A COVID-19 vaccine appears to be the only way out of repeated lockdowns – yet in the UK and US, where trust in governments’ handling of the pandemic is already low, many people are minded to refuse it. Rebecca Forman and Lucy Thompson (LSE) set out what a proactive vaccination campaign would look like.
Since the virus emerged onto the global scene in January, the world has been watching the race for a vaccine as seemingly the only hope of ending the lockdowns around the world. It is arguably the first time there has been such focus on vaccine development. Over 170 vaccine candidates are now in development, with 15 already in human trials.
There are many challenges in the development of a vaccine for any disease. Scientific research and testing is arguably the greatest of these hurdles in the “standard” development of a vaccine – which is staged and serial in nature. But with huge geographical areas of the world in lockdown, global economics in crisis, and the threat of a second wave before the end of the year, immunologists are under pressure to do everything as quickly as possible and in parallel. Given the unprecedented urgency for this vaccine, logistics and funding have been highlighted by immunologists as their greatest challenges.
In August, Russia claimed to have produced the world’s first vaccine – Sputnik V. There are growing concerns among the international scientific community that it has not passed adequate testing protocols before being rolled out. But the problems with Vladimir Putin’s move, according to Professor Francois Balloux of the UCL Genetics Institute, are even farther reaching. As he told the Telegraph: “Any problem with the Russian vaccination campaign would be disastrous both through its negative effects on health, but also because it would further set back the acceptance of vaccines in the population.”
Populations around the world face a strange contradiction: most think a vaccine is their ticket back to normality, but simultaneously many of the same people do not feel safe getting a vaccine themselves. Despite the disruption the US currently faces as a result of the virus, recent polls indicate that less than 50 percent of its residents would willingly receive a COVID-19 vaccine at present. Research by Ipsos MORI and King’s College London suggests a similar number in the UK; 53% say they would definitely get vaccinated, while 1 in 6 Britons (16%) say they are unlikely to or definitely won’t get a vaccine if one becomes available. This will probably not be enough. Herd immunity is a powerful public health tool; only by ensuring enough people are vaccinated can we prevent the illness and suffering that comes from its spread. The minimum vaccination coverage needed to get a handle on the novel Coronavirus is estimated at between 52 – 85% to achieve satisfactory herd immunity levels.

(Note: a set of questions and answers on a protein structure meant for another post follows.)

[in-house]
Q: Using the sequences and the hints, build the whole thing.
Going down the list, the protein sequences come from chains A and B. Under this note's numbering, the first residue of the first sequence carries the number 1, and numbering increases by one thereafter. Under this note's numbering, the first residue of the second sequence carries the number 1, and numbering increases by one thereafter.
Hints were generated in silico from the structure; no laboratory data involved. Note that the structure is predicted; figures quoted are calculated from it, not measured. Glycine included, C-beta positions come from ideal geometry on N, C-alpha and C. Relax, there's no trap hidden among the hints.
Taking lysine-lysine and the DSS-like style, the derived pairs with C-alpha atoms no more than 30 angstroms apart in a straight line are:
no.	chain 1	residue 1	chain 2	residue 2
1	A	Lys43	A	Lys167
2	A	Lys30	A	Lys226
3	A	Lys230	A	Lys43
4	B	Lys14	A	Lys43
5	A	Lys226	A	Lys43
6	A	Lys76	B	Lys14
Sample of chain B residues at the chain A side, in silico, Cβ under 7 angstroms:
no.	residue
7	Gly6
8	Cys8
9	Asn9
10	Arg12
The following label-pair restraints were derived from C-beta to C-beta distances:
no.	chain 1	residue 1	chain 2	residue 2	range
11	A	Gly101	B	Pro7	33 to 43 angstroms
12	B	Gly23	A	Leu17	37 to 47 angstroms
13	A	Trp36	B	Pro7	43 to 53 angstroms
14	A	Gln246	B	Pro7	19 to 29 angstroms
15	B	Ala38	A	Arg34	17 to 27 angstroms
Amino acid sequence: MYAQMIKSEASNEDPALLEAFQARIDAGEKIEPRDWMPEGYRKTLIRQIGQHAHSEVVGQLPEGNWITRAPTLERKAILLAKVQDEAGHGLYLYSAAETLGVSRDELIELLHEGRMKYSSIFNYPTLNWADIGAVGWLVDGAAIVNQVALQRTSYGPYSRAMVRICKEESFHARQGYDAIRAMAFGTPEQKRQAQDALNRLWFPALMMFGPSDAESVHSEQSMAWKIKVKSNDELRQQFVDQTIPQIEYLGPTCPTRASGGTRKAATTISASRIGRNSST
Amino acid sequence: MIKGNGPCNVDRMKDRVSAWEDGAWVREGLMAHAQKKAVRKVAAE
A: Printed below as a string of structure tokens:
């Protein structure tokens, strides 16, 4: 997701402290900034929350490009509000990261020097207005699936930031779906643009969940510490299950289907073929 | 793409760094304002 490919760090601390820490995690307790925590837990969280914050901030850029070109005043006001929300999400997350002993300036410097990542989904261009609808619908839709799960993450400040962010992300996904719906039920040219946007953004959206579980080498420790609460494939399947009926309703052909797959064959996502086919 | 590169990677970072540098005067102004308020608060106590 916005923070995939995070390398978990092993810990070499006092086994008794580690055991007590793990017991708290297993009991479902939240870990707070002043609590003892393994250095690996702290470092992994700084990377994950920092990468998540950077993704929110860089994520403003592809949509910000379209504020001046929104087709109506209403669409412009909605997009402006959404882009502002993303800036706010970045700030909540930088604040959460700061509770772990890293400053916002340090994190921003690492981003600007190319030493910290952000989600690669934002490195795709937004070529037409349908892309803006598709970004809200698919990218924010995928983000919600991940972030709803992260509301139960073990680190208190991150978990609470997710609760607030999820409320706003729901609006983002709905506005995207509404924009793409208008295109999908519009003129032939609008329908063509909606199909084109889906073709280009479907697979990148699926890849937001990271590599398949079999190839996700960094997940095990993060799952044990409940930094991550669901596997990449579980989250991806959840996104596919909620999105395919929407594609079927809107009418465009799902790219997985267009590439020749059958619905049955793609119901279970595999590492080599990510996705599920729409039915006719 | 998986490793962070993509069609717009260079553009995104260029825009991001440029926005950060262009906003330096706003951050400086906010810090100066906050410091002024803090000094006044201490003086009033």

Why is this the case? Perhaps one reason for the profusion of the true and false information about COVID-19 is, as described by the World Health Organization, the “infodemic” that has accompanied the pandemic. This flood of misinformation is due to public fear, worry and isolation during lockdown, which led people to seek information on social media platforms. There is also still so much we do not know about COVID-19 as a novel infectious disease. “Disinformation campaigns” abound, deflecting blame and pushing false narratives around the global COVID-19 response.
Examples include a fake news video called “Plandemic”, which claimed that the new coronavirus was hype and that a vaccine would kill millions. This received more than eight million views on YouTube before it was taken down. Demonstrators from Germany, the UK, France and the US (among others) have been spreading bizarre fantasies that Bill Gates, one of the world’s great philanthropists, conspired with “Big Pharma” to engineer SARS-CoV-2 so he could establish a global health dictatorship.
What can be done? As we have previously written for the LSE COVID-19 blog, the UK government’s claim that it is “following the science” has lacked transparency, and has potentially damaged public faith in government. By contrast, Jacinda Ardern’s coronavirus response has been lauded as a “masterclass in crisis leadership”. The direction-giving, meaning-making and empathy she has communicated has been critical to New Zealand’s success in the crisis so far. Recent polls indicate an awe-inspiring 80% confidence in the New Zealand government at present, compared to 44% in the UK.
Clear, transparent communication policies will play an equally crucial role in the COVID-19 vaccination strategy. We need proactive, educational COVID-19 vaccine campaigns, in which trusted public health authorities use traditional and social media to engage as diverse an audience as possible. As we have seen, social media is a conduit for both factual and false information: it is critical that “fake news” is contested in real time before it is normalised for further swathes of the population. Educational campaigns for the public should also run alongside campaigns for front-line health workers internationally, as these groups will also play a key role in encouraging and reassuring populations to get vaccinated. This campaign should also involve engaging influencers, because if the general public see that political leaders and celebrities are accepting vaccinations, they may be encouraged to follow suit.
This groundwork must begin now – and must be a worldwide effort. Only by ensuring significant and equitable global uptake of a vaccine can we stop this virus. We cannot let poor scientific communication undermine the efforts made so far.
This post represents the views of the authors and not those of the COVID-19 blog, nor LSE.